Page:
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Evolutionary and hereditary axes shape our brains



Evolutionary and hereditary axes shape our brains

The human brain is organized on two axes. This principle seems to pass through the brain organization of all primates. Credit: Valk / MPI CBS

A country̵

7;s location on earth speaks volumes about its climate, neighboring countries, and the resources that can be found there. Therefore, the location determines what country you would expect to find at this time.

The same seems to apply to the brain. Each network is located in a specific place, which determines its function and neighbors, but also the type of function that appears there. The rules that describe the relationships between different brain regions have not been well understood so far. Scientists from the Max Planck Institute for Human Cognitive and Brain Sciences in Leipzig, Germany and the Forschungszentrum Juelich, together with an international team of collaborators, have deciphered two axes along which the human brain is organized. These axes have been found to be determined mainly by genetic factors.

One axis extends from the posterior (posterior) to the front of the cortex. This reflects a functional hierarchy from basic abilities such as vision and movement to abstract, extremely complex skills such as cognition, memory and social skills. A second axis leads from the dorsal (upper) to the ventral (lower) part of the cortex. While the ventral system is associated with functions that give meaning and motivation, the spinal system can refer to space, time, and movement.

“Interestingly, this vertical arrangement is consistent with the long-standing dual-origin hypothesis,” said Sophie Valk, head of the research group at MPI CBS and Forschungszentrum Juelich and the first author of the study, published in Scientific progress. According to this hypothesis, the cerebral cortex developed from two different origins, the amygdala and the olfactory cortex on the one hand and the hippocampus on the other. From this origin arise two different lines of cortical development, reflecting waves from less to more differentiated areas, starting from each origin. Such differences between the ventral and dorsal areas have been found in various mammals, such as primates, non-humans, cats, and rats. However, scientists around Valk have already provided evidence for it for the entire human cortex and have shown that this may be a second important organizational principle up to the posterior-frontal axis.

Evolutionary and hereditary axes shape our brains

A) The wasps in humans, on which the genetic correlation of the thickness of the bark is organized B) The wasps in the macaques, on which they deceive the thickness of the bark. The equal colors in A and B show that the main axis in humans corresponds to the second axis in macaques, and the second axis in humans corresponds to the first axis in macaques. Regions of the same color have a similar pattern of covariance, are genetically more similar than regions of different colors. Credit: Scientific progress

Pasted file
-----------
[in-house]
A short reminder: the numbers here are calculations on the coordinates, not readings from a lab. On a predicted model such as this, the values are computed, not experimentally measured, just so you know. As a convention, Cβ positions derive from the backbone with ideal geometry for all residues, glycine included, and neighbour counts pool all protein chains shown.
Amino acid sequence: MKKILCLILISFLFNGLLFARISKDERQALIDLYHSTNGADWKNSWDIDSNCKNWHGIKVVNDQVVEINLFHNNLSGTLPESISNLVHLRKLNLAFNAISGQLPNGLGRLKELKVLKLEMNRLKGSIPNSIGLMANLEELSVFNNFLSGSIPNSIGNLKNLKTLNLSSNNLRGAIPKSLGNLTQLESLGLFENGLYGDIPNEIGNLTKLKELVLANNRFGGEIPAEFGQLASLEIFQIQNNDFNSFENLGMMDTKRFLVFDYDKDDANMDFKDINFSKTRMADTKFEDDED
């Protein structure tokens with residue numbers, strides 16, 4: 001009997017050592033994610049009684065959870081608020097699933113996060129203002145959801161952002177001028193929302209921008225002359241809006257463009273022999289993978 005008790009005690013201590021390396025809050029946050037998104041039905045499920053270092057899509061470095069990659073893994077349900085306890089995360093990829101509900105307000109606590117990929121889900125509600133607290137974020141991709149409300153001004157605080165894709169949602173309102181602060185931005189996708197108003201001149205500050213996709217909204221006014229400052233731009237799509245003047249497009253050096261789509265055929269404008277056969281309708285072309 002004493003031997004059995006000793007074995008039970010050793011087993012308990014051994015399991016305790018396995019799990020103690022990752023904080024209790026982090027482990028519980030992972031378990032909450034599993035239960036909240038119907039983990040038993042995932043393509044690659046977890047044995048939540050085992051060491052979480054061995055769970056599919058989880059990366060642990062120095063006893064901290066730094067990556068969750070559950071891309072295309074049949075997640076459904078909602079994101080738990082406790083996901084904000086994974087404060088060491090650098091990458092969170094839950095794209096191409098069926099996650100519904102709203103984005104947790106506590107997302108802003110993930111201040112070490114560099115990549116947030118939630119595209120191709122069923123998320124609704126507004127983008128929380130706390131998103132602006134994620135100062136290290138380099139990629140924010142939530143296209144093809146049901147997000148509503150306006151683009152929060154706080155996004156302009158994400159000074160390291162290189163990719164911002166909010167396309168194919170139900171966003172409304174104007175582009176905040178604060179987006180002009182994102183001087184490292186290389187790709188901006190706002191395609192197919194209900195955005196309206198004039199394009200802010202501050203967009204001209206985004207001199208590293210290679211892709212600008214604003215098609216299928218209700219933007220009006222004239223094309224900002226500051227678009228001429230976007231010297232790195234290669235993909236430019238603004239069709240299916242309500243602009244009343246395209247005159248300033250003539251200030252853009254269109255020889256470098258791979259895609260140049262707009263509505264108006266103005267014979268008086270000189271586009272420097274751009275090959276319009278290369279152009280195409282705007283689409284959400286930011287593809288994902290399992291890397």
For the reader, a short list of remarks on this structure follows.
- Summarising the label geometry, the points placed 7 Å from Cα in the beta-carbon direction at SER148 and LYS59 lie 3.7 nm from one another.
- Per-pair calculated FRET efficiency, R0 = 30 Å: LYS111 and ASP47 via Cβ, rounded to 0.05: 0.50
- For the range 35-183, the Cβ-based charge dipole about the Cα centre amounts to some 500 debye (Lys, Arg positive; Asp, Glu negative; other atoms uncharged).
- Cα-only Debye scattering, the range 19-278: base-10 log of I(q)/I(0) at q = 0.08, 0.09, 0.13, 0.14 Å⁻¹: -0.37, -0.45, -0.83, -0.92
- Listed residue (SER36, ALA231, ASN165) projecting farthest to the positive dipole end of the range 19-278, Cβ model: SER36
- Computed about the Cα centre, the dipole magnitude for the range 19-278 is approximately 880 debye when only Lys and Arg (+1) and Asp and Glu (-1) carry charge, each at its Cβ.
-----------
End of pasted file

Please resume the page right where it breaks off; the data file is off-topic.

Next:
This biaxial organization, in turn, is largely determined by the genetic link between brain regions. This means that the relationship between the structure of two brain regions is determined by shared genetic effects. Moreover, similar axes have been found in the brains of macaque monkeys, indicating that these axes have been preserved by primate evolution. “At the same time, even if genes and evolution shape the organization of the brain structure, we must not forget that the environment also plays a crucial role in shaping our brains and minds,” says Valk. “Although in the present study we focused specifically on these genetic effects, other work by our team showed that behavioral learning can also change the structure of the brain.” Further research is planned to understand how these two factors that shape the brain structure interact.

Understanding the basic axes of brain organization is like having a compass and can help better orient the brain. “We can better understand the evolution and functions of specific regions and better assess the impact of brain disorders,” Valk added. For example, previous work by the authors shows that organizational axes differ between individuals with autism spectrum disorder and healthy controls.

Scientists have studied the organization of the brain structure using a multi-level approach. First, they used identical and dizygotic twins, as well as unrelated individuals, to model what part of the brain’s organization is genetically determined. They measure how the thickness of the cortex correlates in a group of individuals, which provides information about the structural and development of the connection between different brain regions. For example, if some relationships are stronger in monozygotic twins than in other siblings, it is probably due to genetic factors. Using genetic information about the connections between different brain regions, they calculate the main axes along which genetically similar brain structures are organized. They also compared the brain organization in humans to that in macaque monkeys. Finding similar wasps in these animals, they concluded that this organization was preserved in the evolution of primates.


The human brain: not just big, but fine


More information:
Sofie L. Valk et al, Forming brain structure: Genetic and phylogenetic axes of macroscale organization of cortex thickness, Scientific progress (2020). DOI: 10.1126 / sciadv.abb3417

Provided by the Max Planck Society

Quote: Evolutionary and hereditary axes form our brain (2020, September 28), extracted on September 30, 2020 from https://medicalxpress.com/news/2020-09-evolutionary-heritable-axes-brain.html

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